6. Young children were taught how to read and understand the Torah and Prophets, to recite the Shema and the basic blessings over the food, and received instruction regarding their future roles in family and command of life. Following years of Bible study, students moved on to the study of the Oral Torah. School studies would finish at the age of twelve or thirteen (bar mitzvah age) and of the boy was gifted and so inclined he would then enroll at a “beit midrash” to study Torah with other adults who devoted themselves to Torah study in their spare time.
7. If he showed further ability and willingness he could go to one of the famous Sages and learn from him for a number of years. Gamaliel would of served as one of the foremost teachers of the “beit midrash” (e.g., a college or “seminary”) conducted by pharisaic leaders within the Sanhedrin. Therefore, given that Gamaliel was such a distinguished teacher, it may be possible that Paul began to study with him only after he had displayed great promise and reached an age whereby he could profit from learning under a great master like Gamaliel.
8. In the relationship between the students and teacher, a deep bond could be established which led to great love and respect. The subject matter of study revolved around three main areas: Bible, midrash (creative biblical interpretation), aggadah (narrative elaboration of the biblical text). Since Paul’s letters demonstrate a strong familiarity with biblical text among other ways, since he quotes from the Tanakh over ninety times in his letters, the standard hermeneutical rules are displayed both halakhically and aggadically.
9. Paul spoke mishnaic Hebrew/Aramaic as well as Greek (cf. Acts 21:37), in addition to possessing a reading knowledge of biblical Hebrew. Paul also demonstrated he was familiar with Greek poets (e.g., Epimendies, Aratus, Euripides, Memander). Therefore, since Paul’s letters show familiarity with rabbinic methods for interpretation of Scripture and popular Hellenistic philosophy to a degree, this makes it likely that he received a formal education in both areas.
2. Paul as an active persecutor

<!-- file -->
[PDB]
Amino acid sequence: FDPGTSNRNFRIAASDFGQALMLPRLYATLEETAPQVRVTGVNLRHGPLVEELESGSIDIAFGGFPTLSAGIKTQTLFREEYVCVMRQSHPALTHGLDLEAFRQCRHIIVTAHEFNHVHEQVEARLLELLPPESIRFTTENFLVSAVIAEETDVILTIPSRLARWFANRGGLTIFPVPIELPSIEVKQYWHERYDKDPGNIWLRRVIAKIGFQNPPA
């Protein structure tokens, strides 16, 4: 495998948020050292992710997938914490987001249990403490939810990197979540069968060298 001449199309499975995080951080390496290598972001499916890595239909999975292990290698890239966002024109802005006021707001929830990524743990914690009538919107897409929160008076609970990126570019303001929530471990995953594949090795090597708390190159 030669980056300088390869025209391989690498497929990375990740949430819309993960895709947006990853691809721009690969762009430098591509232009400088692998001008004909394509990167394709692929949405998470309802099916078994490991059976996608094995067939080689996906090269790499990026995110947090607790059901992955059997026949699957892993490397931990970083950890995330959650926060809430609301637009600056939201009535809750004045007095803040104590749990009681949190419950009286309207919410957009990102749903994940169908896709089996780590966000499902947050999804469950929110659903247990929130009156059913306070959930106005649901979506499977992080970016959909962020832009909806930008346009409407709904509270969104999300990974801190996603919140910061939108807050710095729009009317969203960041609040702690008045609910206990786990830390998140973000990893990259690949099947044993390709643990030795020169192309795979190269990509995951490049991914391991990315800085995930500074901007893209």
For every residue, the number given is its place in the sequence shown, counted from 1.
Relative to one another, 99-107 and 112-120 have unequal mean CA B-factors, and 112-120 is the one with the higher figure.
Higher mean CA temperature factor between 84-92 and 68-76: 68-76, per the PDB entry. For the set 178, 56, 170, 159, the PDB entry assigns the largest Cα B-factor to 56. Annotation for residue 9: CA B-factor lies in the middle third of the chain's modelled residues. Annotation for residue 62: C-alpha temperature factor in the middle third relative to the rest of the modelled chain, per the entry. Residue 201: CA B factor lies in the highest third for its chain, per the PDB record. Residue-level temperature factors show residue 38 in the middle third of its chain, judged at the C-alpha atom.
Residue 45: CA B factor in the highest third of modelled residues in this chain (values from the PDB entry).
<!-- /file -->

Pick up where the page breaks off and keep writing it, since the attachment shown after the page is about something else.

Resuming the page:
The language Paul uses in his pre-revelatory encounter with the risen Lord shows how antagonistic he was towards the messianic movement. In Gal. 1:13-15, Paul uses terms such as “persecute” and “destroy” to describe his efforts to put and end to the spread of the early faith. We see here:
Saul was in hearty agreement with putting him (Stephen) to death. And on that day a great persecution began against the church in Jerusalem, and they were all scattered throughout the regions of Judea and Samaria, except the apostles. Some devout men buried Stephen, and made loud lamentation over him. But Saul began ravaging the church, entering house after house, and dragging off men and women, he would put them in prison. (Acts 8: 1-3).
Furthermore, Luke summarizes Paul’s persecution of the early Messianic community.
I myself was convinced that I ought to do many things in opposing the name of Jesus of Nazareth. And I did so in Jerusalem. I not only locked up many of the saints in prison after receiving authority from the chief priests, but when they were put to death I cast my vote against them. And I punished them often in all the synagogues and tried to make them blaspheme, and in raging fury against them I persecuted them even to foreign cities. (Acts 26:10-11).
3. Paul’s Antagonism Towards the Early Messianic Movement
Paul doesn’t give a list of reasons as to why he persecuted the early Messianic community. It may be that Paul perceived faith in Jesus as a threat to Torah obedience. His zeal for the Torah is evident in his Letters (Phil. 3:6; 1 Tim 1:13). Any tampering with the Torah was off limits cause it defined the identity of the Jewish people. Or, perhaps Paul wanted to help keep the peace. Hence, he feared a Roman reprisal of a Jewish sect proclaiming Jesus as Messiah. Another possibility is that given that Deut. 21:22f. puts “the one who is hanged under a divine curse” and Paul’s language about the offensiveness of a crucified Messiah (1 Cor. 1:23), Paul knew the seriousness of his fellow countrymen proclaiming a crucified blasphemer like Jesus. In the end, we can’t be dogmatic as to why Paul was the persecutor that he was. Paul doesn’t list his reasons for why he persecuted the early followers of Jesus.